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Preserve Improvements

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Woodland Habitat Restoration Project

Ensuring healthy oak woodlands for future generations of Lake County residents

At first glance, the woodlands along the Des Plaines River in southern Lake County appear healthy. However, extensive research shows that most of the oaks are very old and very few young oaks are growing in the understory to replace them. This is having a domino effect on native animals such as songbirds and butterflies, and the native shrubs and wildflowers they require. 

Beautiful oak woodlands define the unique natural landscape of Lake County that we all enjoy. Oak trees create an environment that maintains critical ecosystem processes and species diversity. Unfortunately, oak woodlands are in trouble across the eastern United States, particularly so in this area. 

We need to return the amount of light that reaches the ground to healthier levels. This will allow for the regeneration of oaks and other native trees, shrubs and wildflowers.

Without action, our oak woodlands will not survive. They will be replaced by denser, darker forests that lack the rich and colorful variety of songbirds, butterflies, wildflowers, shrubs and other abundant forms of life we value as a community.

We have removed trees and thinned the understory in particularly vulnerable preserves to allow enough sunlight to reach oak seedlings and saplings. The project areas include Grainger Woods, MacArthur Woods, Ryerson Conservation Area, and the section of Captain Daniel Wright Woods adjacent to Elm Road.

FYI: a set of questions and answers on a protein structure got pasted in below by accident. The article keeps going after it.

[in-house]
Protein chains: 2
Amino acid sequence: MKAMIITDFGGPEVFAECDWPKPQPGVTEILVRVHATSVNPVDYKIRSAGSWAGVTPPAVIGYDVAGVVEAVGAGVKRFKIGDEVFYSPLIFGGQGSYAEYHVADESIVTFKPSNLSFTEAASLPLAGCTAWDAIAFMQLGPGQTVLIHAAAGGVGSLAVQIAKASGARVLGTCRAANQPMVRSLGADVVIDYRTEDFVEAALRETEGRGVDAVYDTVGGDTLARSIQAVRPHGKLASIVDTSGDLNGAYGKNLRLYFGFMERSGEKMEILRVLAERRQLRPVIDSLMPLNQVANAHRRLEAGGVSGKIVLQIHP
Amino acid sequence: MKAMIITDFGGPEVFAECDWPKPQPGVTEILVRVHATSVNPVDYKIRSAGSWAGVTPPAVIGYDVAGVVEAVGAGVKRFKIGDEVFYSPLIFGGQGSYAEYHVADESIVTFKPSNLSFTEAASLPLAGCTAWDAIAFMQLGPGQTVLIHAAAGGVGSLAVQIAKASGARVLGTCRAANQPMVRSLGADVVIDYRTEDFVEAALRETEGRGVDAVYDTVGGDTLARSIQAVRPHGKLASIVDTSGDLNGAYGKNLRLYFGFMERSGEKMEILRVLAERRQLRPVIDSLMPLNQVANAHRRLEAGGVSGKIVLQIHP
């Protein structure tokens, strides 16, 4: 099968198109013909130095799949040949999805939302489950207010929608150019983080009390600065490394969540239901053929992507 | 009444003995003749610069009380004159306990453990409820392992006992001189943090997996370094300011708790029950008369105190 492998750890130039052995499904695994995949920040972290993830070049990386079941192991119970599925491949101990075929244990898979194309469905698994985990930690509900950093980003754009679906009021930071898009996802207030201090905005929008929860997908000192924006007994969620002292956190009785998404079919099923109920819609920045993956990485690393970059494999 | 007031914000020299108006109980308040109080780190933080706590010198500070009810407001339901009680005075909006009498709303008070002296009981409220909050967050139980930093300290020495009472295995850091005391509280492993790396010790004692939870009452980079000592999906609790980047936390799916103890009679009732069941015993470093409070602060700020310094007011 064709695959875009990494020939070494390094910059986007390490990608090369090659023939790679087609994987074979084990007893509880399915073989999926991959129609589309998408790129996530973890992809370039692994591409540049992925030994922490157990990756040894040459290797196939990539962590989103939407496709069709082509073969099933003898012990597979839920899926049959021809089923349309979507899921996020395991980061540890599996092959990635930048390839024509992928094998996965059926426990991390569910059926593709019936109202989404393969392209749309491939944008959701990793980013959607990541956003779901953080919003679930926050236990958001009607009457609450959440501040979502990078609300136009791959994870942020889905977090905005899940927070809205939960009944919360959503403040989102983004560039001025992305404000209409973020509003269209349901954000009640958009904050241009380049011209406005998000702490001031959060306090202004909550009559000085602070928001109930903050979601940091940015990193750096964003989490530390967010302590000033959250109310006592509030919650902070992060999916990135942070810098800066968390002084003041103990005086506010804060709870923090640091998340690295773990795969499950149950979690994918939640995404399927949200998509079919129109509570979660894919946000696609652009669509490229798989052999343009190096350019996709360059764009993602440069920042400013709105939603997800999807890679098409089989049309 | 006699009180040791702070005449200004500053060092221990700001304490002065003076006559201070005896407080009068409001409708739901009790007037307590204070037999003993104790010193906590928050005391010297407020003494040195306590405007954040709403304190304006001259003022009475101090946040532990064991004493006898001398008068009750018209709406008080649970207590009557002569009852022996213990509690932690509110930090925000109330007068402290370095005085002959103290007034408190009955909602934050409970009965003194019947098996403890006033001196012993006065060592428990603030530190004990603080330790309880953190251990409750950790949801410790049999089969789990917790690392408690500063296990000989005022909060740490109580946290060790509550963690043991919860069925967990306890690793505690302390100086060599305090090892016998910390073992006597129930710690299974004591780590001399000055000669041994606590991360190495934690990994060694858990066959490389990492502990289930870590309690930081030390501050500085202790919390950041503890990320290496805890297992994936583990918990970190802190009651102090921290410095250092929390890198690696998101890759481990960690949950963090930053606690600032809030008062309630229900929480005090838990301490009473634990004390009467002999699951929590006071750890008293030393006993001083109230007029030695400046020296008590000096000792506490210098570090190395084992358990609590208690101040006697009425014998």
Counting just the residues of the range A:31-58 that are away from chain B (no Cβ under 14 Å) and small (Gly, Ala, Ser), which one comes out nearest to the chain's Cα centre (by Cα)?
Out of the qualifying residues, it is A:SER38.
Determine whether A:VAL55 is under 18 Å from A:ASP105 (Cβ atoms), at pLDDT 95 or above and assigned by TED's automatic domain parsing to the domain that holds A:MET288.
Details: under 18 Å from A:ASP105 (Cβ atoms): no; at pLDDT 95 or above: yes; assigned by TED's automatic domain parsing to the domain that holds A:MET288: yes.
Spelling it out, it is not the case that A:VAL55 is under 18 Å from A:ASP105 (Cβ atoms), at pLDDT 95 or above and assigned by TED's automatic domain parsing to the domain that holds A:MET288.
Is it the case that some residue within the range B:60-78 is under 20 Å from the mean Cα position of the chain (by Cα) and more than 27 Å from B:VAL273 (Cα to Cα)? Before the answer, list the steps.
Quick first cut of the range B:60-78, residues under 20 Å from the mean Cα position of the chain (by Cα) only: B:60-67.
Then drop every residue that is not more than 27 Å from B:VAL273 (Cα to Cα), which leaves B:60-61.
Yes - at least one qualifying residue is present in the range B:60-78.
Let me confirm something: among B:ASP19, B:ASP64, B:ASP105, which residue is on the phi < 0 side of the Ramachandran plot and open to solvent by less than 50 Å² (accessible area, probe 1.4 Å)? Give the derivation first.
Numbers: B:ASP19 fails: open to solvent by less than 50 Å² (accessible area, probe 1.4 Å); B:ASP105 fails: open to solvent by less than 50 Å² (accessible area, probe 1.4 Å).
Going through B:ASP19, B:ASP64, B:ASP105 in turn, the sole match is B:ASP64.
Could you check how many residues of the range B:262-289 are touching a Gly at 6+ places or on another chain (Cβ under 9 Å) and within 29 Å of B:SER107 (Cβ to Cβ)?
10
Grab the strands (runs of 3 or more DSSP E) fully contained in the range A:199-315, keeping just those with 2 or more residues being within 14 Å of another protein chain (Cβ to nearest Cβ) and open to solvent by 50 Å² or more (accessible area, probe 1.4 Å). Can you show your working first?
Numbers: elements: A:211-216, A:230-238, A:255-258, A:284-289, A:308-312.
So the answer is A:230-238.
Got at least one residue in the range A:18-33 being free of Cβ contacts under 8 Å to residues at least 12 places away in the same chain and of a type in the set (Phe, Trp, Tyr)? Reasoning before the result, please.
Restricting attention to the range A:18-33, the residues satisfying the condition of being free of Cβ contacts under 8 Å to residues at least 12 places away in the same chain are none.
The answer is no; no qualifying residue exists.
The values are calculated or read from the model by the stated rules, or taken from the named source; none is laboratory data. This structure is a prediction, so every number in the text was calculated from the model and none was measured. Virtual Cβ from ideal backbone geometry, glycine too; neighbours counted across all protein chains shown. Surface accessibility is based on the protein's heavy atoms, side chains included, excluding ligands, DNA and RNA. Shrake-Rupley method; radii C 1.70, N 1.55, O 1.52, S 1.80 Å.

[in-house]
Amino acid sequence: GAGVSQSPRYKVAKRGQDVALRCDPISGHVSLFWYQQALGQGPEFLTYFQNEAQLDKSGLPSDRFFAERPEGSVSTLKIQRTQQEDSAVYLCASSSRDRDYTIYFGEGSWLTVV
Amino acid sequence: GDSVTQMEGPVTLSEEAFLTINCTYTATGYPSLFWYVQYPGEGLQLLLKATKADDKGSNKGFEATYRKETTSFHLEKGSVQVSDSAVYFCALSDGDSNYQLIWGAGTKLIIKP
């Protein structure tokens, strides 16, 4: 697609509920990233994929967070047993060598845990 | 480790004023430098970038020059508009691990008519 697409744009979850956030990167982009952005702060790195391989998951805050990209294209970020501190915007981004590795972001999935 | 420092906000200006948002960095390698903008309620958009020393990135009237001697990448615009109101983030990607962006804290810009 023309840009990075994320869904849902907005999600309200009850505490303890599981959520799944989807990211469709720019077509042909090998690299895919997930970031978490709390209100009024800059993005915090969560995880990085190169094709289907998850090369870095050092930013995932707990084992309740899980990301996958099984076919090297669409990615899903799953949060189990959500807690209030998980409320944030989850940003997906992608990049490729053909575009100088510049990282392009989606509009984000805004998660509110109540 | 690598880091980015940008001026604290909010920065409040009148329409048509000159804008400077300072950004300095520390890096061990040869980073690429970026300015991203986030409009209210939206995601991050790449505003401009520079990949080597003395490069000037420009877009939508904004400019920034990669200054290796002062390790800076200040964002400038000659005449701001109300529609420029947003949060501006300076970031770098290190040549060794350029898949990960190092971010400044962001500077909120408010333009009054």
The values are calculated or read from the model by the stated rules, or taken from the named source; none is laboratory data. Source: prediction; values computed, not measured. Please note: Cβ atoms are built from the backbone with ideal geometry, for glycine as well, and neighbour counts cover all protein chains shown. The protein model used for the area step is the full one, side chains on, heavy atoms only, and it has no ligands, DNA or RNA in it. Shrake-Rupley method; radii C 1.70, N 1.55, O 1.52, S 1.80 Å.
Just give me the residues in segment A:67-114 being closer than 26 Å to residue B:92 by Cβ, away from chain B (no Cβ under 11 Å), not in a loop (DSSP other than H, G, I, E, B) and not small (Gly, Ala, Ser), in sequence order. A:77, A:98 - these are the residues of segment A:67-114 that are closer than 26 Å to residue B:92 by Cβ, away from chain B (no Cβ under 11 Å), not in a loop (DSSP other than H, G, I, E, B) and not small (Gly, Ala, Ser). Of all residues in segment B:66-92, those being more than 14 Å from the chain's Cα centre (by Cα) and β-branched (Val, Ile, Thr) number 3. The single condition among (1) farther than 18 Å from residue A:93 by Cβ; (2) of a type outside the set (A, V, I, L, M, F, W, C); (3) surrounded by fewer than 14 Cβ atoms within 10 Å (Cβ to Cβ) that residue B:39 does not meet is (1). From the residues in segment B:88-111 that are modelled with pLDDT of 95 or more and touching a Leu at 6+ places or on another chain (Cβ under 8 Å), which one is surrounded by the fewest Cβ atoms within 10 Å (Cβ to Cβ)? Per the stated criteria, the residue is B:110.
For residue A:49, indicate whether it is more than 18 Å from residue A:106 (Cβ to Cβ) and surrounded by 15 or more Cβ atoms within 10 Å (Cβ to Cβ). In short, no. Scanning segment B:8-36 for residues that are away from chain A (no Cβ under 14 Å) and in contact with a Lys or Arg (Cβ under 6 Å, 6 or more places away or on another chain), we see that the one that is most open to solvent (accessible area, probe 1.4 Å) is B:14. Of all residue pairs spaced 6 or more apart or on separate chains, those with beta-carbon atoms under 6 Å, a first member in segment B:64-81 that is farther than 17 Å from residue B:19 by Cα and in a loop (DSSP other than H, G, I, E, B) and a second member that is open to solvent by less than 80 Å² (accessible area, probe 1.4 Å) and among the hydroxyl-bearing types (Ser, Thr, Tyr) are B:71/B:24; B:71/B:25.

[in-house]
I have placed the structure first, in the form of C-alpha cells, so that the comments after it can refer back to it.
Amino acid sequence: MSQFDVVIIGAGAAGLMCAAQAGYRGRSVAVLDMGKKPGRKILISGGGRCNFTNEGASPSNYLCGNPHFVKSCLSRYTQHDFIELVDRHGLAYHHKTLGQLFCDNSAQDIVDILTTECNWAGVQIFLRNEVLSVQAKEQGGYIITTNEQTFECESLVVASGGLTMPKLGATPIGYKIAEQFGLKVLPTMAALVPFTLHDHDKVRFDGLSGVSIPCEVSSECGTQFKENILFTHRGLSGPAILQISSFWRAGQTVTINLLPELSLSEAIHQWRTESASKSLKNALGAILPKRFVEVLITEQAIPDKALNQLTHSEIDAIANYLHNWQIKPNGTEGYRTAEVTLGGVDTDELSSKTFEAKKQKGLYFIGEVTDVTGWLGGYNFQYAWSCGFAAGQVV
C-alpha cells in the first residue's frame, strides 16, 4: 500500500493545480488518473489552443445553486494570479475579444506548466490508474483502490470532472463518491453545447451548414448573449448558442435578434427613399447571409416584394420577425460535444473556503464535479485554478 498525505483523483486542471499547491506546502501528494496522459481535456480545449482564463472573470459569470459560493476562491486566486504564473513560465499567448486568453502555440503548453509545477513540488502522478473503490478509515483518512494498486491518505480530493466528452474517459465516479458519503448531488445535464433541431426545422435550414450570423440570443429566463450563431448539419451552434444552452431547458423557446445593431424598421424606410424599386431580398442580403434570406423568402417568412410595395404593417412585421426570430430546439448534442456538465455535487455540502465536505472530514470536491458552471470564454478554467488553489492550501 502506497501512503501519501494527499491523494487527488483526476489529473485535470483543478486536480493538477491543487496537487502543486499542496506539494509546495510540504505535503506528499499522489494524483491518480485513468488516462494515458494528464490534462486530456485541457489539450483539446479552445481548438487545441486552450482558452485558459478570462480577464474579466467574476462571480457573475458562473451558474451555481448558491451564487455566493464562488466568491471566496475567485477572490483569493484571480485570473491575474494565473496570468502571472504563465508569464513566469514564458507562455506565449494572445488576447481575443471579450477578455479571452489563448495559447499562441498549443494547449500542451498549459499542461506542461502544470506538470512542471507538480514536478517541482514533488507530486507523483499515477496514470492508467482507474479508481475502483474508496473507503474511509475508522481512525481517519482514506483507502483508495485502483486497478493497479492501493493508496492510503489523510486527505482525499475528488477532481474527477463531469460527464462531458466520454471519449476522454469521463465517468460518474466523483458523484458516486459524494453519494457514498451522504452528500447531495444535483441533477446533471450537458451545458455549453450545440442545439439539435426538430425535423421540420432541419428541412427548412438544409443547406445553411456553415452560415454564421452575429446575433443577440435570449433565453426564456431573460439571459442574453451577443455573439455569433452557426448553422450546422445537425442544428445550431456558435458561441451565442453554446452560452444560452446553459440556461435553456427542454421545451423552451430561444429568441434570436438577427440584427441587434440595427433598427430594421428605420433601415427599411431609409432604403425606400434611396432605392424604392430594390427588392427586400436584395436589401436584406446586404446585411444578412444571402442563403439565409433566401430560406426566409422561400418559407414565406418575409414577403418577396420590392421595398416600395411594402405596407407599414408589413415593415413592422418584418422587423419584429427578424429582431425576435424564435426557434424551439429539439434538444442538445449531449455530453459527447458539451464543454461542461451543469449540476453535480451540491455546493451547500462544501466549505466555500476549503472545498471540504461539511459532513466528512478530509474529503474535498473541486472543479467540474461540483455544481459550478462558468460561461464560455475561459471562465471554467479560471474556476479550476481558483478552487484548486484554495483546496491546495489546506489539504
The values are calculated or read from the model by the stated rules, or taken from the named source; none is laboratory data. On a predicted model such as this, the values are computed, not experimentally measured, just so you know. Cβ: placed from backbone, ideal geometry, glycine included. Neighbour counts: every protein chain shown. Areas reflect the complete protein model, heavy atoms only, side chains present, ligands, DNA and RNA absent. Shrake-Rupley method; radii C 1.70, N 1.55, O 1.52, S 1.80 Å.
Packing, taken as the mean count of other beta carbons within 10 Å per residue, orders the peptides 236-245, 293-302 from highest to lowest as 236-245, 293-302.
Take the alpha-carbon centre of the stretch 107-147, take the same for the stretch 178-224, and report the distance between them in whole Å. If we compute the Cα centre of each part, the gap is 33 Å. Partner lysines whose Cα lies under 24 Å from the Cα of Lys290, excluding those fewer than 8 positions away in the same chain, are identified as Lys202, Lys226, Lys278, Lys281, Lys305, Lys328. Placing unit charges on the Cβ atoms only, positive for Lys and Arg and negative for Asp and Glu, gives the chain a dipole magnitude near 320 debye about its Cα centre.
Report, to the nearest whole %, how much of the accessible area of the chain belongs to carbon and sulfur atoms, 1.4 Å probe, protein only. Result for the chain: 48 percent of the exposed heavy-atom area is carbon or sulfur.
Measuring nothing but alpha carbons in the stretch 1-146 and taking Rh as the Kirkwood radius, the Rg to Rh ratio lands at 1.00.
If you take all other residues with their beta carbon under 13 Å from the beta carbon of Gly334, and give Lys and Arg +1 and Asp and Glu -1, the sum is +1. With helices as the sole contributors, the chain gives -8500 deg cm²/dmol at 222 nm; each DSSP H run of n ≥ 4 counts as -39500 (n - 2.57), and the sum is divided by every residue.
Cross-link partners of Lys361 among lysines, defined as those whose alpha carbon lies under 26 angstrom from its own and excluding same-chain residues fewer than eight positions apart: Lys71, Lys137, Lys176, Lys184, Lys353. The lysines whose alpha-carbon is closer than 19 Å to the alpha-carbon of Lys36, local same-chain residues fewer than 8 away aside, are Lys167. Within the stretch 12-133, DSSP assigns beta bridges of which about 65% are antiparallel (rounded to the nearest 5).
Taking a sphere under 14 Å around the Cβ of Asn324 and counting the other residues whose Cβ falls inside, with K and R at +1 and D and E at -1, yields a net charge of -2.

Our efforts to improve oak woodlands are supported by Chicago Wilderness, Illinois Nature Preserves Commission, Illinois Department of Natural Resources, Morton Arboretum, U.S. Forest Service and U.S. Fish and Wildlife Service. These expert partners, as well as Chicago Botanic Garden, Illinois Natural History Survey and Lincoln Park Zoo, will help us monitor plants, animals and environmental conditions to evaluate success of this project for years to come. 

Goals of this restoration project are broad reaching and long-term

  • Restore light transmission in these woodlands to 30–50% 
  • Increase oak regeneration and the diversity of tree species and sizes 
  • Restore the abundance and diversity of native shrubs and ground-layer plants 
  • Create a mosaic of habitats, improving conditions for plants and wildlife 

Further information

Watch a video that summarizes the Woodland Habitat Restoration Project. (For best view, change quality settings to 1080p HD)

Frequently Asked Questions

This project was featured in the Summer 2012Winter 2012Fall 2013 issues of our quarterly newsletter, Horizons

Read further details in the Woodland Habitat Restoration Project Summary and Report and Frequently Asked Questions from various public presentations.

Schedule an educational presentation about this project for groups of 10 or more by calling 847-367-6640 or emailing forestpreserves@LCFPD.org.

If you have further questions, please call our General Offices at 847-367-6640 (weekdays) or Jim Anderson, Natural Resource Manager, at 847-489-6180 (weekends).